S.T.E.A.M. Day

How do I keep my baby stress-free?

Parenting stress is contagious and it’s important to prevent your baby from feeling stressed too. Toxic stress in babies is a predictor of behavioral issues, or even worse, it can negatively impact cognitive function and brain growth. Here are tips to reduce stress in babies: 


Physical affection is good… for the most part 

Physical touch stimulates our brains to release ‘feel-good’ chemicals (oxytocin and endogenous opioids) that relieve stress by lowering cortisol and make us feel loved. However, physical touch isn’t a silver bullet; every baby responds differently depending on the context and temperament. 

Here are some things to take note of:

  • Are they being soothed by their primary caregiver?
  • When initiating contact, what is your body language like?
  • Does your baby feel over-stimulated at the moment?

When soothing/stroking your baby, make sure you’re making eye contact, rocking gently, and speaking in a soothing tone. This will help your baby feel as comfortable (and stress-free!) as possible. 


Babies read and model negative behavior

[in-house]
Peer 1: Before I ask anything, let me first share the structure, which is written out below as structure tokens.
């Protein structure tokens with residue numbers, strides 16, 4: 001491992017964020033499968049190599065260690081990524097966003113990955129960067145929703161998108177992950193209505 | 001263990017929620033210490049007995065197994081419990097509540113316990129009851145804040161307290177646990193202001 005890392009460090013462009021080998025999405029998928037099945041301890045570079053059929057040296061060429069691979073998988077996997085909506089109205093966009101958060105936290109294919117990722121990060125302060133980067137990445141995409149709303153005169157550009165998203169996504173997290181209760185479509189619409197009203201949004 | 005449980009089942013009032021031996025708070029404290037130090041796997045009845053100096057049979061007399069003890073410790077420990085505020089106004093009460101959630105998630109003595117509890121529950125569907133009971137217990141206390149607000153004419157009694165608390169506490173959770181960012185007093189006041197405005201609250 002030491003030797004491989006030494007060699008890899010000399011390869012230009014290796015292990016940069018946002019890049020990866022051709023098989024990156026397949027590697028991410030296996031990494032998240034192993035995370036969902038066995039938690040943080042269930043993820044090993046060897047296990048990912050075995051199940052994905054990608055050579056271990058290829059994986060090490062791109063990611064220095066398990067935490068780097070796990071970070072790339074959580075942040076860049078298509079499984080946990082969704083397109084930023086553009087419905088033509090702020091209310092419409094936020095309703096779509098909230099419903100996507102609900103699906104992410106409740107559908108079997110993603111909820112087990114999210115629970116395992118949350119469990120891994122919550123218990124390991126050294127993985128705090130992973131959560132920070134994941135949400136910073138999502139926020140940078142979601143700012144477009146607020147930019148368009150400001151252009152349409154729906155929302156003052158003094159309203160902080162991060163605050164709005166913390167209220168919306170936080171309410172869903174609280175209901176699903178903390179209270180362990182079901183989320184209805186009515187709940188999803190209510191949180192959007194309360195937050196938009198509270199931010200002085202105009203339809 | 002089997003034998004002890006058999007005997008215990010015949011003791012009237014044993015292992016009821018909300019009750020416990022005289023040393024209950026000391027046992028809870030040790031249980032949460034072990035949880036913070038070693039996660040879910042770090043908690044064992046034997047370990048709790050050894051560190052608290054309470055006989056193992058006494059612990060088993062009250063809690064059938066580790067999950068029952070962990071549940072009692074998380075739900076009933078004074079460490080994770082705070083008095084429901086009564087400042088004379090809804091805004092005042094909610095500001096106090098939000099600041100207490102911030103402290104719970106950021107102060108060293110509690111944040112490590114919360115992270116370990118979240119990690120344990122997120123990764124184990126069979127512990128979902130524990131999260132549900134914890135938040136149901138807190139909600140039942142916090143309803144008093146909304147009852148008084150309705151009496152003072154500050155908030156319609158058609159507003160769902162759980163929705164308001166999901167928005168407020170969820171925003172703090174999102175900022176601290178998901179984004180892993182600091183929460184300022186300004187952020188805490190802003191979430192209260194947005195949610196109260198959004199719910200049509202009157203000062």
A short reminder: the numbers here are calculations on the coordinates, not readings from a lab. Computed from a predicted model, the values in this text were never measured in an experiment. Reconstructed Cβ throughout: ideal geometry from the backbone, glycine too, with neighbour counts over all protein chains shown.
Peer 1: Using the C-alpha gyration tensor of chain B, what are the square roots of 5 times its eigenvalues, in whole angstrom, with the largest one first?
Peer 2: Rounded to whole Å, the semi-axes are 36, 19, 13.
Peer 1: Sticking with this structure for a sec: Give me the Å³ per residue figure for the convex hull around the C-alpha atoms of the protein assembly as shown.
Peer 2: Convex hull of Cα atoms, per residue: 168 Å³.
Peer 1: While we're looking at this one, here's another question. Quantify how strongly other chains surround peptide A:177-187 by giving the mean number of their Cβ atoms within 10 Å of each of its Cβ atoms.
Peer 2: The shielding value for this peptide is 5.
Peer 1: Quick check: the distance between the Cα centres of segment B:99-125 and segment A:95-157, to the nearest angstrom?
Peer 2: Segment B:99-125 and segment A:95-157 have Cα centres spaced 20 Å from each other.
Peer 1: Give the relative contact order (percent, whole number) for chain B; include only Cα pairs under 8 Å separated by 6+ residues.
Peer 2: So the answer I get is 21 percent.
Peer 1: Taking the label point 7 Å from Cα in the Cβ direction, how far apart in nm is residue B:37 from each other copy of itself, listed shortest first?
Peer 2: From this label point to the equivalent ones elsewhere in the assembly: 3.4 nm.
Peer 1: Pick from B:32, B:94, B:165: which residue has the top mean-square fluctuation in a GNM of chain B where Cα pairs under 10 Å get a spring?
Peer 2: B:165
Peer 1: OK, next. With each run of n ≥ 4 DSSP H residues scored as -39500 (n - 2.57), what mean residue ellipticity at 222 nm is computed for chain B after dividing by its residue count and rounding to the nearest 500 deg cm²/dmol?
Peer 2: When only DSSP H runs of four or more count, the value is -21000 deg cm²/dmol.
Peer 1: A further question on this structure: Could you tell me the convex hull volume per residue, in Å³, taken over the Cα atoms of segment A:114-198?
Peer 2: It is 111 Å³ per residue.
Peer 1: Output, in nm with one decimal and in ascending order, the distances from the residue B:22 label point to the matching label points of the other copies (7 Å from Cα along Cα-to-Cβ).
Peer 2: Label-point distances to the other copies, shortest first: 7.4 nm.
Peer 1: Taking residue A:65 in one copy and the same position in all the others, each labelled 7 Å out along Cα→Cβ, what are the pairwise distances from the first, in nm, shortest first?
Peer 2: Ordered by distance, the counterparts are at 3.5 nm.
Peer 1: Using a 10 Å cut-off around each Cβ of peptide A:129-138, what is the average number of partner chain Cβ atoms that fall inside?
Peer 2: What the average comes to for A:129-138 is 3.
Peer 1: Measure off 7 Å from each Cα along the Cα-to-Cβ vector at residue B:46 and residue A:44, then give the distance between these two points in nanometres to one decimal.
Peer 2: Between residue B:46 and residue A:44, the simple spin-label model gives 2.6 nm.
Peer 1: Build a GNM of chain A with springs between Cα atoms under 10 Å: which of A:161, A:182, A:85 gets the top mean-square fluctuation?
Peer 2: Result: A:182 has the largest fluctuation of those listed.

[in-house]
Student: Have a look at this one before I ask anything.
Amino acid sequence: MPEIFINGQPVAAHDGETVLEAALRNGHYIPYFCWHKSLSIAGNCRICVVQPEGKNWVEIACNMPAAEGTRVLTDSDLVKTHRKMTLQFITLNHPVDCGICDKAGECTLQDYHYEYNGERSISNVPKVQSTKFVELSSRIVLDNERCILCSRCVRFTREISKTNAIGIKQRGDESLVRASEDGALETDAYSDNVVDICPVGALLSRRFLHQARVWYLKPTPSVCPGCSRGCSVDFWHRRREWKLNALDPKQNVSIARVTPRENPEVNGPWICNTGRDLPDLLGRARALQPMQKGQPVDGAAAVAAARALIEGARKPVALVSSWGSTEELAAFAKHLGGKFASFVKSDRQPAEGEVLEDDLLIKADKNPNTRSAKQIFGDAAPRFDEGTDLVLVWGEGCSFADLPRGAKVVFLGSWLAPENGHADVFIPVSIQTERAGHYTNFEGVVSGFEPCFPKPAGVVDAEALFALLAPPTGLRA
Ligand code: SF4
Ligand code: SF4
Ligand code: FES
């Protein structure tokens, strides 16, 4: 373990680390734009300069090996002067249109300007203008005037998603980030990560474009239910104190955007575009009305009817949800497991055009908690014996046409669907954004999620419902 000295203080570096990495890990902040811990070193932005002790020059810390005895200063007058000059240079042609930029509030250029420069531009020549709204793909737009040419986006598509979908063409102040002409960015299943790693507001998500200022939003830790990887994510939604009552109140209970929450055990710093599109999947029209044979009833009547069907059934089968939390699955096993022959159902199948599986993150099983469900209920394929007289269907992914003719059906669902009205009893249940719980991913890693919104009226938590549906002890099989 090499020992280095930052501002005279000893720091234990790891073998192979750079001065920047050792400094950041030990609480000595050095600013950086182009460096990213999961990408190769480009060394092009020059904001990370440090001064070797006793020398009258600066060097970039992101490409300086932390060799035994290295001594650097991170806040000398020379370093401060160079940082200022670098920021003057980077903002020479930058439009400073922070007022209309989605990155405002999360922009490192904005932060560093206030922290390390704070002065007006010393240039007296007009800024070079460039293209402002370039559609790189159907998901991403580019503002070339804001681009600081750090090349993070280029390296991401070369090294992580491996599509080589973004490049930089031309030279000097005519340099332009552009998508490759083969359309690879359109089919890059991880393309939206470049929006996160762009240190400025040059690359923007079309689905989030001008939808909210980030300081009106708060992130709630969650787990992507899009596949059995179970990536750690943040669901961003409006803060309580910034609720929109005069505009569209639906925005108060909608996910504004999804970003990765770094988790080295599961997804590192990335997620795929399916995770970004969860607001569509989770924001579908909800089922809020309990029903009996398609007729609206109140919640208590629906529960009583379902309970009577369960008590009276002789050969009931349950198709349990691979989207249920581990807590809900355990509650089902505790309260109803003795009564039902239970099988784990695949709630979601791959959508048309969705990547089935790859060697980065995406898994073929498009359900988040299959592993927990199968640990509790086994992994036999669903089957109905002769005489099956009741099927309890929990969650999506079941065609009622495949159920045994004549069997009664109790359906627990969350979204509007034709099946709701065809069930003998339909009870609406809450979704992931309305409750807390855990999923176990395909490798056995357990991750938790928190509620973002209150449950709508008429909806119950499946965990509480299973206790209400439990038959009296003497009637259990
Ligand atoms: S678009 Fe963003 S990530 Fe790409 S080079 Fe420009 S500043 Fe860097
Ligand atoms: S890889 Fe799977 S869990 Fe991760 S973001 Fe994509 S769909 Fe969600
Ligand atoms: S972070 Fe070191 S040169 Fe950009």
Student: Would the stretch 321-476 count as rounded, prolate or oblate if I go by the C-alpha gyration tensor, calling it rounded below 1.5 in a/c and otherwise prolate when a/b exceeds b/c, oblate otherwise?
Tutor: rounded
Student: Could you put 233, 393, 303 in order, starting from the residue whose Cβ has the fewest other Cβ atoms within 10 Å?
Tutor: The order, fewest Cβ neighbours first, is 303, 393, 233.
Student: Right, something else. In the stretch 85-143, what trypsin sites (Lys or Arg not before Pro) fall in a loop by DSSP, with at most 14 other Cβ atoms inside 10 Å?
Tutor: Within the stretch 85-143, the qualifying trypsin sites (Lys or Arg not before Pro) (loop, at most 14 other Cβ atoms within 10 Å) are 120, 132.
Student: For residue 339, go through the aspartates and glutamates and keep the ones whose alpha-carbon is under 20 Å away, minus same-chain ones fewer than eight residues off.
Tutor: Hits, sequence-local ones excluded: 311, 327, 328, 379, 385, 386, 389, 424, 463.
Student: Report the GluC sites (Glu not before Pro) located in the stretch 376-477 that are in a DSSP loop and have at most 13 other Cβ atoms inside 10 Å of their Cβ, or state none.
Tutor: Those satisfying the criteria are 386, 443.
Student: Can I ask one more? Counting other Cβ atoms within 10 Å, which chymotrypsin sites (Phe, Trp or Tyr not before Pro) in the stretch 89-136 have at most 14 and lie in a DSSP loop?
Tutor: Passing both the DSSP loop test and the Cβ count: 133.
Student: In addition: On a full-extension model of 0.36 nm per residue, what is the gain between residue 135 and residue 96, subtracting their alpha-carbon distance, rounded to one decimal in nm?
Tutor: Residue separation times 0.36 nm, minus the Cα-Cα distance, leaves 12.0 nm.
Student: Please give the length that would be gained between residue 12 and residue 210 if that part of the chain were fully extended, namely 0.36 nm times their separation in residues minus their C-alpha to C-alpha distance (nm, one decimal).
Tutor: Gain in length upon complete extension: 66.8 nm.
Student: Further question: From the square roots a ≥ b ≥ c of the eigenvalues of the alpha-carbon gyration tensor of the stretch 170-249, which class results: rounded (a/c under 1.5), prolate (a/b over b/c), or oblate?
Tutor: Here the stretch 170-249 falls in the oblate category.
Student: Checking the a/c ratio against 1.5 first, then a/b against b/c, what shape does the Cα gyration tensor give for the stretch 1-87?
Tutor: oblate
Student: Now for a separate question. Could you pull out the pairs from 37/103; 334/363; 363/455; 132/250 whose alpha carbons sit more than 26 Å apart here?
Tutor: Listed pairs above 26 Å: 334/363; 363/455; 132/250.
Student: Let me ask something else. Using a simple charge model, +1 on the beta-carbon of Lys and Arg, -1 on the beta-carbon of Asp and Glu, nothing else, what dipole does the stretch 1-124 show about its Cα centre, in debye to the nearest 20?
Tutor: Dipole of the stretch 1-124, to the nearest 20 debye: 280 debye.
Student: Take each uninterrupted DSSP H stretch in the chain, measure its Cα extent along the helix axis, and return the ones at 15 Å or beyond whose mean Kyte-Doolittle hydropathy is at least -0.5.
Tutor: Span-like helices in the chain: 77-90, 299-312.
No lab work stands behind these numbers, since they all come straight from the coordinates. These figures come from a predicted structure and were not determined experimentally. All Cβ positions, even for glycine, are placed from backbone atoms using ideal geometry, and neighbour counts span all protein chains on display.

Babies are pretty good mind readers! If you’re feeling sad, distracted, anxious, or any way really, they’ll pick up on it, and mirror it. Very early on, babies are emotionally sensitive and can distinguish between happy and sad body language. Put simply, if you’re acting stressed, your baby will most likely be too. 


Engage in quality conversations 

Spending face-to-face time talking to your baby can also trigger ‘feel good’ chemicals like oxytocin. In doing so, make sure that you’re practicing active listening to help your baby develop a secure attachment and understand negative emotions.  Just like physical affection, these conversations can sometimes be too much for your baby. Look out for signs of disinterest like covering their face, or fussing.


Lastly, be emotionally available at bedtime 

Even in babies who are trained to sleep separately, co-sleeping with your baby can reduce stress at bedtime. In an experiment, called the “Strange Situation,” researchers found that babies who had slept with their parents had lower cortisol reactivity. Put simply, lower cortisol reactivity means babies are less easily stressed.